FIGS. 5 and 6 illustrate a pick 200 constructed in accordance with a third embodiment of the invention. The wire of pick 200 has one end 202 that is turned so that it runs adjacent and generally parallel to the truncated edge of the body and another end 204 that is bent into a generally S-configuration.

FIGS. 7 and 8 illustrate a pick 300 constructed in accordance with a fourth embodiment of the invention. The wire of the pick 300 has one end 302 that is turned so that it runs adjacent and generally parallel to the truncated edge of the body and another end 304 that enters the body near one end of the truncated edge of the body, runs adjacent the periphery of the curved edges and top edge of the body, and terminates near the opposite end of the truncated edge.

FIGS. 9 and 10 illustrate a pick 400 constructed in accordance with a fifth embodiment of the invention. The wire of the pick 500 has one end 502 that is turned so that it runs adjacent and generally parallel to the truncated edge of the body and another end 504 that enters the body near one end of the truncated edge and that is bent into a generally serpentine pattern.

Although the invention has been described with reference to the preferred embodiment illustrated in the attached drawing figures, it is noted that equivalents may be employed and substitutions made herein without departing from the scope of the invention as recited in the claims. For example, the wire portion of the pick may be bent into any desired shape and still fall within the scope of the present invention.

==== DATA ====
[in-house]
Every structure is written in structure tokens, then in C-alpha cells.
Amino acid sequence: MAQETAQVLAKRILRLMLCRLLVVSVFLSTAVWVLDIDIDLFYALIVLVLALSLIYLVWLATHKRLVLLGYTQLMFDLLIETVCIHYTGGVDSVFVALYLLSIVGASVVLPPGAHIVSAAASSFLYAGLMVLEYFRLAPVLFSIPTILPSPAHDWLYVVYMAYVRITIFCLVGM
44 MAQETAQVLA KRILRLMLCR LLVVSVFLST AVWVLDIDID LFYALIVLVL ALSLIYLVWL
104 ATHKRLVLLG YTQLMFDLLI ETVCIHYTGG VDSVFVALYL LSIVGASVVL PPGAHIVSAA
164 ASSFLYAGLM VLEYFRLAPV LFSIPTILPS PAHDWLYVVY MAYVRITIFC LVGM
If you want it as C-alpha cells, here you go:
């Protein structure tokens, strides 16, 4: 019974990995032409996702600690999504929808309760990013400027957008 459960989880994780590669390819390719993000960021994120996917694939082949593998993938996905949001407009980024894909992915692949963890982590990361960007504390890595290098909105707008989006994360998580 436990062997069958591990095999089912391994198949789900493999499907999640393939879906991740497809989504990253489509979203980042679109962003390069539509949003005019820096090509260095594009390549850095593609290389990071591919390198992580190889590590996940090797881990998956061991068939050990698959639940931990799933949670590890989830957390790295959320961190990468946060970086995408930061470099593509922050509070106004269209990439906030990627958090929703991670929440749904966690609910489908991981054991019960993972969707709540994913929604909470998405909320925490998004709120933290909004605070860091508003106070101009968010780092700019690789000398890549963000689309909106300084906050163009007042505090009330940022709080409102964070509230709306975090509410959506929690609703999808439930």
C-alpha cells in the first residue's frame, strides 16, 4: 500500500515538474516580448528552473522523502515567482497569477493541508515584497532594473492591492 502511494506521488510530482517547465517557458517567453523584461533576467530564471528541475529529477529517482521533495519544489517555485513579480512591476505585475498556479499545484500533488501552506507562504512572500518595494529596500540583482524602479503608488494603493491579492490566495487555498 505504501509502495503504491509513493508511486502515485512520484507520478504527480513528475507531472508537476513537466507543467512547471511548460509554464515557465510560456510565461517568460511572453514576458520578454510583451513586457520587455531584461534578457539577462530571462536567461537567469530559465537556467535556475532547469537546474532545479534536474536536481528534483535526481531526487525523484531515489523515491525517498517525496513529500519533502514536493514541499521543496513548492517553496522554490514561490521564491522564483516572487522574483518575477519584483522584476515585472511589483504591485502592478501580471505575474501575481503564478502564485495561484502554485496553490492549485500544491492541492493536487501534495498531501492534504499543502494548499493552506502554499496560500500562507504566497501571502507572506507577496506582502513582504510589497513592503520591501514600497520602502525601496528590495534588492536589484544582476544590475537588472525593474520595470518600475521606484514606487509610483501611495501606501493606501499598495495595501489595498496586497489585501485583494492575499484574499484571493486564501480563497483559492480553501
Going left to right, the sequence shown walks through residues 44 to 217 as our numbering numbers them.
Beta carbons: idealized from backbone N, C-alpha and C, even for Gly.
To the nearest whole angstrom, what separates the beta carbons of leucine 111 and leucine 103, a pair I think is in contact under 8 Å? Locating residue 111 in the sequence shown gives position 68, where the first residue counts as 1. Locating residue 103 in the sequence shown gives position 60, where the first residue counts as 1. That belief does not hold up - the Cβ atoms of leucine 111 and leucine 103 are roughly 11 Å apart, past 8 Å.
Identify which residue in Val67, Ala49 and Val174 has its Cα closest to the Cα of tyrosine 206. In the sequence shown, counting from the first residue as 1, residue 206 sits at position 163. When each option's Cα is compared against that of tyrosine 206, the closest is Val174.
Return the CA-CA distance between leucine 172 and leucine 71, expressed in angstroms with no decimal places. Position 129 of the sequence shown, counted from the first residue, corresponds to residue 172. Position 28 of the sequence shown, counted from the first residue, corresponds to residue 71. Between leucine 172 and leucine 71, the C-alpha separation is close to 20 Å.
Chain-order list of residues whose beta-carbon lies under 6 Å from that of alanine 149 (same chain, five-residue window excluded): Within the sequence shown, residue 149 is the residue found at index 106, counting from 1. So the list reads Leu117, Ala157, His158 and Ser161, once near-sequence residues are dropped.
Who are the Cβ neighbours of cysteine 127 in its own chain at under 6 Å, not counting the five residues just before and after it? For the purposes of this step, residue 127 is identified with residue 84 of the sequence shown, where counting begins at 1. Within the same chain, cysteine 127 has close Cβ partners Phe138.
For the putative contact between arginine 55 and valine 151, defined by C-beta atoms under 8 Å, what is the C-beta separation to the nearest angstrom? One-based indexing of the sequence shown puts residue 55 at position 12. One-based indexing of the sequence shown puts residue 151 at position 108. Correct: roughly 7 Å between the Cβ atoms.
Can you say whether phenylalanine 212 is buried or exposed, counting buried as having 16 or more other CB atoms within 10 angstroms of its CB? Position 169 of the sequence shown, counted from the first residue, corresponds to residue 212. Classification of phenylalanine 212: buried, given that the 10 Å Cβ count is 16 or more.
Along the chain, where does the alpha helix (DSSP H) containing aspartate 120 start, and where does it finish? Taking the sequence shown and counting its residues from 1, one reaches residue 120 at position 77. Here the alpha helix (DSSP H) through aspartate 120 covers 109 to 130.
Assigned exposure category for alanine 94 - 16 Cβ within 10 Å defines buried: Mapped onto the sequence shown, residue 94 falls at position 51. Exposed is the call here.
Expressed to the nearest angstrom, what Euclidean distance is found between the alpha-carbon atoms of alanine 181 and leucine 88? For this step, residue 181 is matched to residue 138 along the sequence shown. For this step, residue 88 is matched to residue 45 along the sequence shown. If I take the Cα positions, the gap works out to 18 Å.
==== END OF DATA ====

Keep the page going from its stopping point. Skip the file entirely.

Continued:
Patent Citations
Cited PatentFiling datePublication dateApplicantTitle
US1184561 *Apr 3, 1915May 23, 1916Antonio NapoletanoPlectrum for musical instruments.
US1254577 *Jul 15, 1915Jan 22, 1918Richard J CarpenterPick for musical instruments.
US1263740 *Nov 14, 1917Apr 23, 1918Aaron BurdwisePick for stringed instruments.
US1547560 *Oct 3, 1923Jul 28, 1925Aaron BurdwisePick for stringed instruments
US1573912 *Aug 14, 1925Feb 23, 1926Aaron BurdwiseHand pick for string instruments
US4015502 *May 24, 1976Apr 5, 1977Strong Jack CPick for string instruments
US4248128 *Sep 28, 1979Feb 3, 1981Laurence Des GainesGuitar pick array
US4497237 *May 19, 1983Feb 5, 1985Beall Mark AGuitar pick
US4879940 *Oct 3, 1988Nov 14, 1989Pereira Mark LPick for stringed musical instruments
US4993302 *Jun 19, 1989Feb 19, 1991Jonathan Fred FNon slip guitar pick
Referenced by
Citing PatentFiling datePublication dateApplicantTitle
US6300732 *Nov 13, 1998Oct 9, 2001Compact S.R.L.Dual power unit for movement of a back and footrest in armchairs and the like
US7238869 *May 12, 2006Jul 3, 2007Kleckzka David HMulti-function plectrum
US7312387Oct 28, 2005Dec 25, 2007Shaw Eric DMusical instrument plectrum
US7799979Nov 20, 2008Sep 21, 2010Swartz Patrick NeilPlectrum mounting apparatus and method of use
US8395038 *Jan 21, 2011Mar 12, 2013Jeff D. SmithPick for an instrument
US8766071 *Jun 4, 2012Jul 1, 2014Magneta Enterprises, LlcInstrument pick and method of manufacture
US20110179938 *Jan 21, 2011Jul 28, 2011Smith Jeff DPick for an instrument
WO2012018895A2 *Aug 3, 2011Feb 9, 2012Sheila McbrideMultifunction device to manipulate strings on a stringed instrument
Classifications
U.S. Classification84/322, D17/20
International ClassificationG10D3/16
Cooperative ClassificationG10D3/163
European ClassificationG10D3/16B
Legal Events
DateCodeEventDescription
May 31, 2011FPExpired due to failure to pay maintenance fee
Effective date: 20110413
Apr 13, 2011LAPSLapse for failure to pay maintenance fees
Nov 15, 2010REMIMaintenance fee reminder mailed
Apr 9, 2007FPAYFee payment
Year of fee payment: 8
Apr 9, 2007SULPSurcharge for late payment
Year of fee payment: 7
Nov 1, 2006REMIMaintenance fee reminder mailed
Oct 11, 2002FPAYFee payment
Year of fee payment: 4